GRAVITY (2013) – Film Review by Paul Laight
If there is a better film to see at the cinema than GRAVITY this year then I can’t wait to see it because Alfonso Cuaron’s space opera is a masterful cinematic vision which combines beautiful vistas with knuckle-biting tension. Indeed, director Cuaron has carved out an impressive sci-fi story: economical, tense, thrilling, touching etc. which will deserve all the awards coming to it.
Sandra Bullock’s novice Space Doctor and George Clooney’s charming veteran Astronaut are on a mission to service the Hubble Telescope via the Space Shuttle Explorer but before they can complete the job catastrophe strikes. What then follows is a white-knuckle ride of tension and excitement with action unfolding with breathless pace. The writing is so lean and precise that there is little in the way of backstory before we’re propelled into the astounding action. I hate spoilers in reviews so won’t go divulge anymore but it is pure cinema at it’s finest and at times was so tense I felt like I was watching a space thriller as directed by Alfred Hitchcock.
The succession of events which befall the characters reminded me of Henri-Georges Clouzot’s The Wages of Fear (1953) as Bullock and Clooney are faced with all manner of life-threatening dangers. Bullock herself gives a sterling physical performance thrown from one side of space to the other while Clooney’s dulcet tones provide the kind of assuring voice to settle the nerves when you’re up space creek without a shuttle. There’s existentialist gold in the story too with the themes of life after death, birth and rebirth and above all else the struggle of the human spirit to overcome powerful adversity.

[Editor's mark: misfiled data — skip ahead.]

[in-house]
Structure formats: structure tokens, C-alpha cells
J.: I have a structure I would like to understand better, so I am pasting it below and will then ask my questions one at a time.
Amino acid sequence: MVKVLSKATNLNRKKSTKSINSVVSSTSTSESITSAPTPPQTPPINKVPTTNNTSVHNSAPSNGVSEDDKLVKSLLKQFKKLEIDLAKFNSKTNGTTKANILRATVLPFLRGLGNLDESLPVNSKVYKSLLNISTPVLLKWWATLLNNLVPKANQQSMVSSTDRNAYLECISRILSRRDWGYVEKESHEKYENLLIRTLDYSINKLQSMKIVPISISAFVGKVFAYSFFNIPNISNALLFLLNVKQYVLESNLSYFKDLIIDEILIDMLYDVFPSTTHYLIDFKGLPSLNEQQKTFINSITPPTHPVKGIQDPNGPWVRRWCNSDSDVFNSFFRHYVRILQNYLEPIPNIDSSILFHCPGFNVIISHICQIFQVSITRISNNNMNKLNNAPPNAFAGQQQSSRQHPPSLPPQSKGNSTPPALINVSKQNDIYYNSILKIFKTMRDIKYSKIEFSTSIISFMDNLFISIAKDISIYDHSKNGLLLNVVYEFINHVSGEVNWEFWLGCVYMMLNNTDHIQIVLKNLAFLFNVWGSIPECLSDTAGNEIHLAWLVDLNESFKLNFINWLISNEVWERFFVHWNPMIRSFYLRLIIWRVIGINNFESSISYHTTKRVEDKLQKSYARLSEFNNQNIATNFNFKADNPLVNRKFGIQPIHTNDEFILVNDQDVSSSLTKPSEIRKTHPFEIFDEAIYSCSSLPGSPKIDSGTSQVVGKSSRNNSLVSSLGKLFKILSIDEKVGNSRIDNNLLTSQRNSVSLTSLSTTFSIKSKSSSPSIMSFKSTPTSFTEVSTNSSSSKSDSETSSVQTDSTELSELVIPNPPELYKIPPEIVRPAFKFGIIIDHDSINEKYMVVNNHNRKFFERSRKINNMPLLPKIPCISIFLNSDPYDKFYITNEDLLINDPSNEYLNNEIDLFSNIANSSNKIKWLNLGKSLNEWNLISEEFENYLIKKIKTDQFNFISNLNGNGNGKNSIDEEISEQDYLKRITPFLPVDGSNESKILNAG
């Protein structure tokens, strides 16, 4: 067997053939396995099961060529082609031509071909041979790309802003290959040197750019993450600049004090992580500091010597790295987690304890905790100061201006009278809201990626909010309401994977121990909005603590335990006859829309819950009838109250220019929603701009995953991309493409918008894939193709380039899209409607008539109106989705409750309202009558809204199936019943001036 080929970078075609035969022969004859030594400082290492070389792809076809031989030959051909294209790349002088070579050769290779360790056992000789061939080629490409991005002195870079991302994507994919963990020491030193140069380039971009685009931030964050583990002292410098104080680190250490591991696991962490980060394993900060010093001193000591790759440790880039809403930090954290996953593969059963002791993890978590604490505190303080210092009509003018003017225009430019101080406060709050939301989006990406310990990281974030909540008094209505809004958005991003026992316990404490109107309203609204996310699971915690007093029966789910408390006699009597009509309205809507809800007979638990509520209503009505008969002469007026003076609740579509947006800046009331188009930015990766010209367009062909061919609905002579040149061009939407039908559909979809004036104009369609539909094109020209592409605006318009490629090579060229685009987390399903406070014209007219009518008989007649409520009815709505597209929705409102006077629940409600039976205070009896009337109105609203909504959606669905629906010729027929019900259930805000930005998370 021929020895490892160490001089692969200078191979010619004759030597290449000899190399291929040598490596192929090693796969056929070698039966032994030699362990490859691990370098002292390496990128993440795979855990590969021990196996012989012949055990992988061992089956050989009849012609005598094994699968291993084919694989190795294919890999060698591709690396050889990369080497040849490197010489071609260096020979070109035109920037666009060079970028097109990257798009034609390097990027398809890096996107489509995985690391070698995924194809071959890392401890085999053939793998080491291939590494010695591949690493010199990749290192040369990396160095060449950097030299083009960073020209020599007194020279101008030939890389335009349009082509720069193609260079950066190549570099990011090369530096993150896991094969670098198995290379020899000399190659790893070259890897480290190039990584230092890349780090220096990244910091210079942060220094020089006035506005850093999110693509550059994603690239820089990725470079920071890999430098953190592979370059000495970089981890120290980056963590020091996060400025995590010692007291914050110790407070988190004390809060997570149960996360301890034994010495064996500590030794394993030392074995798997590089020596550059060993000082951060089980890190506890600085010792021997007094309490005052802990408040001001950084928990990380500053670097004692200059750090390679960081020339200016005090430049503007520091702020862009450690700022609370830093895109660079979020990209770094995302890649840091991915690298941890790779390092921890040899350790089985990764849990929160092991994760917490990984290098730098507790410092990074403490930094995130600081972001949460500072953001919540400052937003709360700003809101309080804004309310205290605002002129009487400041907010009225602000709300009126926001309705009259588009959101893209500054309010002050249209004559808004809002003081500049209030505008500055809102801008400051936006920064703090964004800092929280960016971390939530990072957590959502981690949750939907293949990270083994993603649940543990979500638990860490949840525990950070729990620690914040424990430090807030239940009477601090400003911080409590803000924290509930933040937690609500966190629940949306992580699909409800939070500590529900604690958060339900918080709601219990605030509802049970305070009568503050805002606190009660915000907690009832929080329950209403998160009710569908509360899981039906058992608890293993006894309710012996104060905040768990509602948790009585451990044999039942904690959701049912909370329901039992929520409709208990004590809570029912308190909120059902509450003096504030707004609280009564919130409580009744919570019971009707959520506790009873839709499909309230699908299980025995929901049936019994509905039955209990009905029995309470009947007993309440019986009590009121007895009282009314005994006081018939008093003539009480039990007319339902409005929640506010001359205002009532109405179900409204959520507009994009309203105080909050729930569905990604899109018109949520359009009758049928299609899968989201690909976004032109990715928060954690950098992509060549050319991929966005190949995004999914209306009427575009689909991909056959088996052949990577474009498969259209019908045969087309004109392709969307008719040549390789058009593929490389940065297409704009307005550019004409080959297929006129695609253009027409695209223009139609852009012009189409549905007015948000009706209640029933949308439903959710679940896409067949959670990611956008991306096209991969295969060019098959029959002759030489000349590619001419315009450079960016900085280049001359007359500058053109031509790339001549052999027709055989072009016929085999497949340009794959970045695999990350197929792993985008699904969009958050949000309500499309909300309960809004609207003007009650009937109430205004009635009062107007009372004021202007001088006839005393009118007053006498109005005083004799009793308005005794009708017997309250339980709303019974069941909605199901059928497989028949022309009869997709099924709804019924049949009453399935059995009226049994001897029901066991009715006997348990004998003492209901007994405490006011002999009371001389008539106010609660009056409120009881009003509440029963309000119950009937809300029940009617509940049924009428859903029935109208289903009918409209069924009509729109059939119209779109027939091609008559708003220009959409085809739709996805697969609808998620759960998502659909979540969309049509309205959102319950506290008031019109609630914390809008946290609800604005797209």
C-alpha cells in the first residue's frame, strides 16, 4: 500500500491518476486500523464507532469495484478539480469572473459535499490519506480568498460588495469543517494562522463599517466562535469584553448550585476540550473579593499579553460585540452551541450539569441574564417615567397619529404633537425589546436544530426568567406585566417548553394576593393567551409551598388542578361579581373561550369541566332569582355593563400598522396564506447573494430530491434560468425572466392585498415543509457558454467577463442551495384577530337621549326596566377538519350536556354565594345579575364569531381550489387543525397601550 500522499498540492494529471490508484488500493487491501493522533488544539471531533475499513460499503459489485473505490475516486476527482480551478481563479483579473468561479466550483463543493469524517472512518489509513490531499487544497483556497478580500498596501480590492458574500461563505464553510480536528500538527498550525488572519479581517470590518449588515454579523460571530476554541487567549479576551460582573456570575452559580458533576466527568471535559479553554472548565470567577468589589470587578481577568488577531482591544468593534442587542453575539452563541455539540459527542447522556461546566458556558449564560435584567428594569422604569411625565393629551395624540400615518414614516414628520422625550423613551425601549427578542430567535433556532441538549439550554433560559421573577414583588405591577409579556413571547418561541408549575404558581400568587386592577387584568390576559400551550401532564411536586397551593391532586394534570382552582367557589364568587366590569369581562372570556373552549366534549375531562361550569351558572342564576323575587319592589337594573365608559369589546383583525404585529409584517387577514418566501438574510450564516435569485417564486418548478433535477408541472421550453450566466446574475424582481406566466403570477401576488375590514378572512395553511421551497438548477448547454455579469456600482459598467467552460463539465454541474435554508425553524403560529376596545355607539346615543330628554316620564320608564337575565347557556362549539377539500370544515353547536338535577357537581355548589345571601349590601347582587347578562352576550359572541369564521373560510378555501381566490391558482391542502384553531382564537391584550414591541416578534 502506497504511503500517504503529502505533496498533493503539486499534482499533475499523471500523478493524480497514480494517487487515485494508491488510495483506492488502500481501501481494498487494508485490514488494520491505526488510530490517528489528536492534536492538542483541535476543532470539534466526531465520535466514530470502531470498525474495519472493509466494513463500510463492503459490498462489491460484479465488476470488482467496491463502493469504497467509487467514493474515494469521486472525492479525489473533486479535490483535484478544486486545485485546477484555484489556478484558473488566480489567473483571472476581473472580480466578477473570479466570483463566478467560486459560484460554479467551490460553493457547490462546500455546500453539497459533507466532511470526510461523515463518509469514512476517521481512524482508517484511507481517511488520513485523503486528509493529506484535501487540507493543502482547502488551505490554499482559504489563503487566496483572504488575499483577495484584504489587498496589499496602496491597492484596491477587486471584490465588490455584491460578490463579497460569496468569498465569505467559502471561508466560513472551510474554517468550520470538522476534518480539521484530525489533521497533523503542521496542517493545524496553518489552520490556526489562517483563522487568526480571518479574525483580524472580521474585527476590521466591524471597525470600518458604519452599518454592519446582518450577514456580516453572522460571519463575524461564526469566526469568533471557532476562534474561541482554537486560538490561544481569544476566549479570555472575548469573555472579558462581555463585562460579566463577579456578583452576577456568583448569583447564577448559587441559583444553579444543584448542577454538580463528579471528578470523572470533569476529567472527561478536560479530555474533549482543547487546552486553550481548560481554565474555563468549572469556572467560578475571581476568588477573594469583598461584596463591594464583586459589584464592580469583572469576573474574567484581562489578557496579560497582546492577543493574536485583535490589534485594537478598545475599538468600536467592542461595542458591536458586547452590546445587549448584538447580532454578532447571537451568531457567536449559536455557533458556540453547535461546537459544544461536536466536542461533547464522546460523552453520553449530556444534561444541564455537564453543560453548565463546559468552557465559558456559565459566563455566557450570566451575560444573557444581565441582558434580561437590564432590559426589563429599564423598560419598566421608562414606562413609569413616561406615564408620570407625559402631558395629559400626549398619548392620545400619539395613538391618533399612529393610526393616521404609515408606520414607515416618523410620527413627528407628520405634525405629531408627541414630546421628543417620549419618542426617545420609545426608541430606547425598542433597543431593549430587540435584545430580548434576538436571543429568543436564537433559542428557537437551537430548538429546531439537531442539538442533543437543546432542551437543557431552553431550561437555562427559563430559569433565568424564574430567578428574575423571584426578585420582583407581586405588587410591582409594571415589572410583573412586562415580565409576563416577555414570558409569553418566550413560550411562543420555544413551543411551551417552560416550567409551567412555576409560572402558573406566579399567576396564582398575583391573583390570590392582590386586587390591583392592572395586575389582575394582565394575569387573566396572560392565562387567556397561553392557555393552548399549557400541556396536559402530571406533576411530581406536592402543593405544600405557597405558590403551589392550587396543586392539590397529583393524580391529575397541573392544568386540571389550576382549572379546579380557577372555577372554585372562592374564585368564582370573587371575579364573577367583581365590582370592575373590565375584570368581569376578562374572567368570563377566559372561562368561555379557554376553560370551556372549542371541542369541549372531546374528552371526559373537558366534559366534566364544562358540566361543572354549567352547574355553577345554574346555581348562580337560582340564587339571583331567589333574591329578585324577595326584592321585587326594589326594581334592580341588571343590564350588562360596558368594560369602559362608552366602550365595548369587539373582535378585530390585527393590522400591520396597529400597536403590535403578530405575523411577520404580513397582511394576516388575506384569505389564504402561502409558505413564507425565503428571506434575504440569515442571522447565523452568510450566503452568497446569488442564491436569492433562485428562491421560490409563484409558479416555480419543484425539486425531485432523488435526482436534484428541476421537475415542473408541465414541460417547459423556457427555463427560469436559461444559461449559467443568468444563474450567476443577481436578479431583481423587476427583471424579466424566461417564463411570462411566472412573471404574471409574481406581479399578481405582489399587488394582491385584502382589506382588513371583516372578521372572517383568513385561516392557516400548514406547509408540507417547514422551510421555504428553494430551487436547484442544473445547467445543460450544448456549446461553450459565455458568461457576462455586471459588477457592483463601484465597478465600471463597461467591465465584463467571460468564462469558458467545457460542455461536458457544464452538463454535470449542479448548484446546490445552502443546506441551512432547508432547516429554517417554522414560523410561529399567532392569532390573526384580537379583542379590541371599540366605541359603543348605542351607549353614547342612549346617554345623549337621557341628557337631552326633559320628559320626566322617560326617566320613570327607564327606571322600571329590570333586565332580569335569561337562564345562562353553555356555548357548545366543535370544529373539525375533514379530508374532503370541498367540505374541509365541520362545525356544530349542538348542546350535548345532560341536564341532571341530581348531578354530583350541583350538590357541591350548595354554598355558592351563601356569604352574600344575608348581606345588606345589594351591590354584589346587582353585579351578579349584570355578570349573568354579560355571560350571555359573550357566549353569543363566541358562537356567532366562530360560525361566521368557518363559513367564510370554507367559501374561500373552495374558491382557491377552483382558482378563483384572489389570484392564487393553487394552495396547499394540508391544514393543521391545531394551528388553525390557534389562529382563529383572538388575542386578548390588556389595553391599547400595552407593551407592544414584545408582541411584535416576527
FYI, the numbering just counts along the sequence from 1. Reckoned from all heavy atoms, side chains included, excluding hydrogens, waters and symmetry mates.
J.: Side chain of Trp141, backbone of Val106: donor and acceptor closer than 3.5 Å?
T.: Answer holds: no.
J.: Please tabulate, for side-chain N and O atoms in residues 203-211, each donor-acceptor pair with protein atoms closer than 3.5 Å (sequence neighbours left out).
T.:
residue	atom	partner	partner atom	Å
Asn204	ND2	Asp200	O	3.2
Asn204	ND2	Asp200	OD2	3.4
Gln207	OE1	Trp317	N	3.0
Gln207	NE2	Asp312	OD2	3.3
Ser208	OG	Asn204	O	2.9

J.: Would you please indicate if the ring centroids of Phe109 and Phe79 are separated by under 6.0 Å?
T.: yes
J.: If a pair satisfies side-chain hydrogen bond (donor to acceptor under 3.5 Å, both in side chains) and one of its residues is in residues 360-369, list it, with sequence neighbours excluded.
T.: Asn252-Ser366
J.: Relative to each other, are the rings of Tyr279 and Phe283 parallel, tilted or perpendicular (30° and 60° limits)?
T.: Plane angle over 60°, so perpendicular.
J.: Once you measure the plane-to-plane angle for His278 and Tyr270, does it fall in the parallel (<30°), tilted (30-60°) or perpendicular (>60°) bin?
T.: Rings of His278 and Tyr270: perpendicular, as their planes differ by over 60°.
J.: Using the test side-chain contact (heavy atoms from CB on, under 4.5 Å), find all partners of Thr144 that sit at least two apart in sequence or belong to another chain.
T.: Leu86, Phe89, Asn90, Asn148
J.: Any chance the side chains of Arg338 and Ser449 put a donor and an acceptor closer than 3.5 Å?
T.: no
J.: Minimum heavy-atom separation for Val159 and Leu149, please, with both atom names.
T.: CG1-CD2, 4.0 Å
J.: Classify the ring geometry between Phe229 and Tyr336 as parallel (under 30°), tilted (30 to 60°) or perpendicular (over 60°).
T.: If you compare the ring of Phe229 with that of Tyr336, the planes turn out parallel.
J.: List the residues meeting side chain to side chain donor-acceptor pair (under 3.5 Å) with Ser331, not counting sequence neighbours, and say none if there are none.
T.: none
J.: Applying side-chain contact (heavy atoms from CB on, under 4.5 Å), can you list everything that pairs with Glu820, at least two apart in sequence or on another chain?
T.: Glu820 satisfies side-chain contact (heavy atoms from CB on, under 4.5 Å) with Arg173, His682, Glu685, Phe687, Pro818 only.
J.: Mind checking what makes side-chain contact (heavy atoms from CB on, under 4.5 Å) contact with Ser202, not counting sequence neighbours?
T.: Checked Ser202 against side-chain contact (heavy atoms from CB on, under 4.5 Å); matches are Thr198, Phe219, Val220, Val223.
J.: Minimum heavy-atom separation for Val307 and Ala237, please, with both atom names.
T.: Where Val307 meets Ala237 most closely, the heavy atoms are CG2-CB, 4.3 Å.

Yet it’s the muscular narrative, action and incredible cinematography which gave me the most enjoyment watching this. My advice is to watch it on the BIGGEST screen you can find. Even the 3D — which aside from the odd animated feature I hate — enhances rather than detracts. So, overall a big hit for me and while I wanted a more risk-taking ending from the filmmaker I cannot fault this film whatsoever.